Supporting sustainable communities while incorporating her love of art brought environmentalist and urban theorist Naomi Davis to the forefront of Chicago’s movement to construct self-sufficient black neighborhoods, which she hopes to bring to Madison.
After graduating with a degree in English and theatre and going on to law school, Davis now runs the Chicago-based economic development organization, Blacks In Green.
Blacks In Green focuses on empowering residents to build up their own communities and build connections within their neighborhoods, Davis said. Building up the economy is something that should happen at the neighborhood level, she said.
Davis said she has lived her entire life on the promise that she would do the work she loves. Following her law school education in Chicago, she tried to continue with her love of theatre, seeking out any opportunity for performing.
“I was a law clerk by day and a singing cocktail waitress by night,” Davis said.
She said she tries to find ways to incorporate her love of theatre into the work she does to build up cities.
Part of building communities and connecting people is getting them involved in constructive projects such as art or theatre, Davis said. One way she incorporates her love for theatre into her work is by putting together a “Migration: the Musical” project for communities.
The project involves gathering the community together to share stories in a circle about their experiences in the community, a method she said really allows the neighborhood to connect. She said she sets up a “village handshake” to cultivate relationships within communities.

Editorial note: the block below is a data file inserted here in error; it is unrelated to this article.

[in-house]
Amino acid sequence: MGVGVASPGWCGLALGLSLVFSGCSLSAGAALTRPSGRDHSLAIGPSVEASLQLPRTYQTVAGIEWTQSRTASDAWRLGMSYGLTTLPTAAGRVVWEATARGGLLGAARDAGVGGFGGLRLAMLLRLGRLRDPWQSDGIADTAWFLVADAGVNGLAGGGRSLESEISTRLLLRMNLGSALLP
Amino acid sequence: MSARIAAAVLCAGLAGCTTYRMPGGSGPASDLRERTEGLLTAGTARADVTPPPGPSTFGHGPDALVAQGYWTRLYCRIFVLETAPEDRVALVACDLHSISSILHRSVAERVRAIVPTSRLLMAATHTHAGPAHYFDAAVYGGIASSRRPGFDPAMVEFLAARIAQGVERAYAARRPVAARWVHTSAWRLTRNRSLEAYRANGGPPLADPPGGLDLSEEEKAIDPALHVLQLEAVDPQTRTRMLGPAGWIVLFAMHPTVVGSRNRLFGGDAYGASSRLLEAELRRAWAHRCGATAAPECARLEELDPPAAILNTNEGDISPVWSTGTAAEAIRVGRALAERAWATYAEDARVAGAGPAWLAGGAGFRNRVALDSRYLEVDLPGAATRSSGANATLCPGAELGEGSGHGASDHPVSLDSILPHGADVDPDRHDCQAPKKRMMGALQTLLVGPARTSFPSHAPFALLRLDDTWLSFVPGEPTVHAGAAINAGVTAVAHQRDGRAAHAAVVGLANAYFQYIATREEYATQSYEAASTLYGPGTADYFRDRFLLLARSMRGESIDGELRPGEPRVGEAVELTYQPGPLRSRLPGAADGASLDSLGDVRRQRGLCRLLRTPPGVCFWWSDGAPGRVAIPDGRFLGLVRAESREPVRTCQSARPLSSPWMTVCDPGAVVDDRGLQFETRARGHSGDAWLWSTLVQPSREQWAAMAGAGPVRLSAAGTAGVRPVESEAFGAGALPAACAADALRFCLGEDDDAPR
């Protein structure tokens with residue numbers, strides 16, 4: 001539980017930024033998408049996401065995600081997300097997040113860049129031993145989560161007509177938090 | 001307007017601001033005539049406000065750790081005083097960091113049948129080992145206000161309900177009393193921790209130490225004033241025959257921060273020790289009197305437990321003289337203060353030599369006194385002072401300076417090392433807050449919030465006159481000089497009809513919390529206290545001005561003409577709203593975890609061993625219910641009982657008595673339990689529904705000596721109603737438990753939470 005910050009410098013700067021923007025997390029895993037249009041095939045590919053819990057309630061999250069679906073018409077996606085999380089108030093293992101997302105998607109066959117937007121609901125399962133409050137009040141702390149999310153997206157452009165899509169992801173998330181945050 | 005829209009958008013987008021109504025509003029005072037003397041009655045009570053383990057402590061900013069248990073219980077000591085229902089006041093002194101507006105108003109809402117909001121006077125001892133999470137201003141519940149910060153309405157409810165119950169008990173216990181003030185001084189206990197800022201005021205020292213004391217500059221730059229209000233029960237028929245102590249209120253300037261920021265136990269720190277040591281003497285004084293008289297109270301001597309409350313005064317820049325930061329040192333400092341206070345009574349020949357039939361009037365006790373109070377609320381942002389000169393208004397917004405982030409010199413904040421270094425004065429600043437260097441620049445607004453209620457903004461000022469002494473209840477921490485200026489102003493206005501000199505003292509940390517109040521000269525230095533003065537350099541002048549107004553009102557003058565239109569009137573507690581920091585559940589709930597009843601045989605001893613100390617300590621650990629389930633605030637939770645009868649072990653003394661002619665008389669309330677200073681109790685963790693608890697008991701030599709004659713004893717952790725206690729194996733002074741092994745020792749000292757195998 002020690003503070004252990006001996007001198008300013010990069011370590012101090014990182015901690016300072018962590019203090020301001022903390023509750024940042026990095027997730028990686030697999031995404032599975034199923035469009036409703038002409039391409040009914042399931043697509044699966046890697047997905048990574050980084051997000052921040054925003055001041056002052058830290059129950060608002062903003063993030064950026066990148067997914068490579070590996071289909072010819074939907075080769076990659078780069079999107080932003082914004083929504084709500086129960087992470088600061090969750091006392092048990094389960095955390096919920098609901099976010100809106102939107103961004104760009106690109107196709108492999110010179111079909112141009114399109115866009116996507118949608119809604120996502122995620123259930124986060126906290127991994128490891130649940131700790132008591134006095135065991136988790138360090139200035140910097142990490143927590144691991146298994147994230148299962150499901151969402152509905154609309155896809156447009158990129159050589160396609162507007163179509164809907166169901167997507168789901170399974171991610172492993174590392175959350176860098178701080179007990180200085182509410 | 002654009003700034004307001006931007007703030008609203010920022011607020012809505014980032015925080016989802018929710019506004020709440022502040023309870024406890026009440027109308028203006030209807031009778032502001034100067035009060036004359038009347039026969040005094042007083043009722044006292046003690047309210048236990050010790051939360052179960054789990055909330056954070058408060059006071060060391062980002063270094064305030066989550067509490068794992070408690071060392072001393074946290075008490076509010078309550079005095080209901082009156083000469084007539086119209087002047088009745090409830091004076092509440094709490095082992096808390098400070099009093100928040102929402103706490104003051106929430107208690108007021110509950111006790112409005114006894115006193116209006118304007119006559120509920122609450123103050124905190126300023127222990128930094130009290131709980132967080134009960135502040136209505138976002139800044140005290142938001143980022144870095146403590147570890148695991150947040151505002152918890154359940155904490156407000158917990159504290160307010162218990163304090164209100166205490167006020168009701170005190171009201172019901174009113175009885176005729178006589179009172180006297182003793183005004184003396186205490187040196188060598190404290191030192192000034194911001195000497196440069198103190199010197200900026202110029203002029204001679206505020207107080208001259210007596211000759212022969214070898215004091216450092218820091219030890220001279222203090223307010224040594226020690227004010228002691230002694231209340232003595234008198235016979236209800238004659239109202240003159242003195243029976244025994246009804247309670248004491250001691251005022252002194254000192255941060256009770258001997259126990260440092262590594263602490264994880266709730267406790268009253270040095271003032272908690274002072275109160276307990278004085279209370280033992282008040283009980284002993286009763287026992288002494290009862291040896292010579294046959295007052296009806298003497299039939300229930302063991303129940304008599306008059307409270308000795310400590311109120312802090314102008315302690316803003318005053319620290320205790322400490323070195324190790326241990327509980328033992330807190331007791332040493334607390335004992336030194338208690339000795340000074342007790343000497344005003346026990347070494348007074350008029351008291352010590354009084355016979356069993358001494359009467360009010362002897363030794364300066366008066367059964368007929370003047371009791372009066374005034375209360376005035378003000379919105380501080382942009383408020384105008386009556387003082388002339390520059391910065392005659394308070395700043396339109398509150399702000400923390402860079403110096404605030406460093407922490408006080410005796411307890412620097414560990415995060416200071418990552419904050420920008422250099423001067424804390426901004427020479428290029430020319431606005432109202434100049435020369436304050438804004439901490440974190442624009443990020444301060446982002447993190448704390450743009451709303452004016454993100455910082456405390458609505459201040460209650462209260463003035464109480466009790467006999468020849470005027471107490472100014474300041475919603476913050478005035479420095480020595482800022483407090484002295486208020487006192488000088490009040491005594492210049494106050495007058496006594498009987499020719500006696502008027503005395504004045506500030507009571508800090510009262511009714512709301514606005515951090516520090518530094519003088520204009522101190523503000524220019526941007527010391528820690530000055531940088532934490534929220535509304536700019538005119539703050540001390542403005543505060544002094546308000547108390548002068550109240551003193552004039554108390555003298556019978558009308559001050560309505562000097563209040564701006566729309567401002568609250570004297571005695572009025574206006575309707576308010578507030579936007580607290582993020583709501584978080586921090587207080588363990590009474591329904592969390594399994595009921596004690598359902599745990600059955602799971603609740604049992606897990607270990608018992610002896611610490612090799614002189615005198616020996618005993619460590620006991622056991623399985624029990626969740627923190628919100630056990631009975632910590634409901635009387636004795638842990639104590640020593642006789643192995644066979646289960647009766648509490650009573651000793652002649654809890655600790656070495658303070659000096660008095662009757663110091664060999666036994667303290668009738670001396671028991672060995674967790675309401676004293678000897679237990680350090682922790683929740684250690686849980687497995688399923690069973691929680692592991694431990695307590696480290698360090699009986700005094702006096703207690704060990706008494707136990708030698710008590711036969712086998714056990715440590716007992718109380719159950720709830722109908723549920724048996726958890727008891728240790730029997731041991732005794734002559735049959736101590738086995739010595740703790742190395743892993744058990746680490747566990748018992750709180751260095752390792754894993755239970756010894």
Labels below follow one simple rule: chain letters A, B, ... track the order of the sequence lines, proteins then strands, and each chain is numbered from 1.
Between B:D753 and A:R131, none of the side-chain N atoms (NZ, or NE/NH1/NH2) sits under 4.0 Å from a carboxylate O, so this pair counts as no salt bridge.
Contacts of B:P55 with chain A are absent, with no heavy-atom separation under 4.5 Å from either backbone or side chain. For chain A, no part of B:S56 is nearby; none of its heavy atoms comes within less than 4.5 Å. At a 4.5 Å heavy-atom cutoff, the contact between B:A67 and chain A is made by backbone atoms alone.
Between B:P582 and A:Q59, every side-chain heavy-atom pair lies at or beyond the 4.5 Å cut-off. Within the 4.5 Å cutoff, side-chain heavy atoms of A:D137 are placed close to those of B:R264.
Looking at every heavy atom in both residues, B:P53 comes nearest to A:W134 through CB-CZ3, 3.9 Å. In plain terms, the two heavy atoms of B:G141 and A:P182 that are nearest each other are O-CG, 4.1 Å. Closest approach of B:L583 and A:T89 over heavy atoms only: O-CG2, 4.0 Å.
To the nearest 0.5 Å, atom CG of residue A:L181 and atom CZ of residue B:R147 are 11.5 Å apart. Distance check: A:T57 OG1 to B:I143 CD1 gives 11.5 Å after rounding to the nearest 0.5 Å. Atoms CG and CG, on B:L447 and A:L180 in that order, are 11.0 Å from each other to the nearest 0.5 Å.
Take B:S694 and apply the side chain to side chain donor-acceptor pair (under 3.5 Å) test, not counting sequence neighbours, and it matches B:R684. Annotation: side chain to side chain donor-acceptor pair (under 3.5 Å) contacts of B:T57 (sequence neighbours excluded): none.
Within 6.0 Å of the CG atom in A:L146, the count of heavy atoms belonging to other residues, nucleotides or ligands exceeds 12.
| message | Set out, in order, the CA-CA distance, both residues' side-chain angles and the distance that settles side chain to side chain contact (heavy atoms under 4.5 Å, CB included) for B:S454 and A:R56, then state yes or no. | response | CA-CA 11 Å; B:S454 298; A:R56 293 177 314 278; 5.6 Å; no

“You can’t just keep putting houses in neighborhoods and not cultivate any enterprise, not train people to do work,” Davis said. “There are people who are not currently active as a solution in their neighborhood who can be, but we basically are trying to shake the tree, and get people to lead where they live.”
Davis said her work can be similarly applied to Madison. Much of her work with Blacks In Green revolves around how to teach, coach and implement the principles of the Green Village Program, which proposes solutions for isolated black communities.
“When we say that we mean to say that we’ve created a system that is a culture specific prescription, but we believe that it has universal values,” Davis said. “Our work is what we call the walkable village.”
Davis theorized the “walkable village,” a concept for a community in which everything a resident needs is within walking distance.
Having the option to walk to any necessary points in a neighborhood makes living more sustainable and is a way to keep neighborhoods connected in a positive way, she said.
“Our concept for the walkable village is that every household should be able to walk to work; walk to shop; walk to learn; and walk to play,” Davis said.
Davis will be featured as a keynote speaker Saturday as part of the annual Isthmus Green Day at Monona Terrace.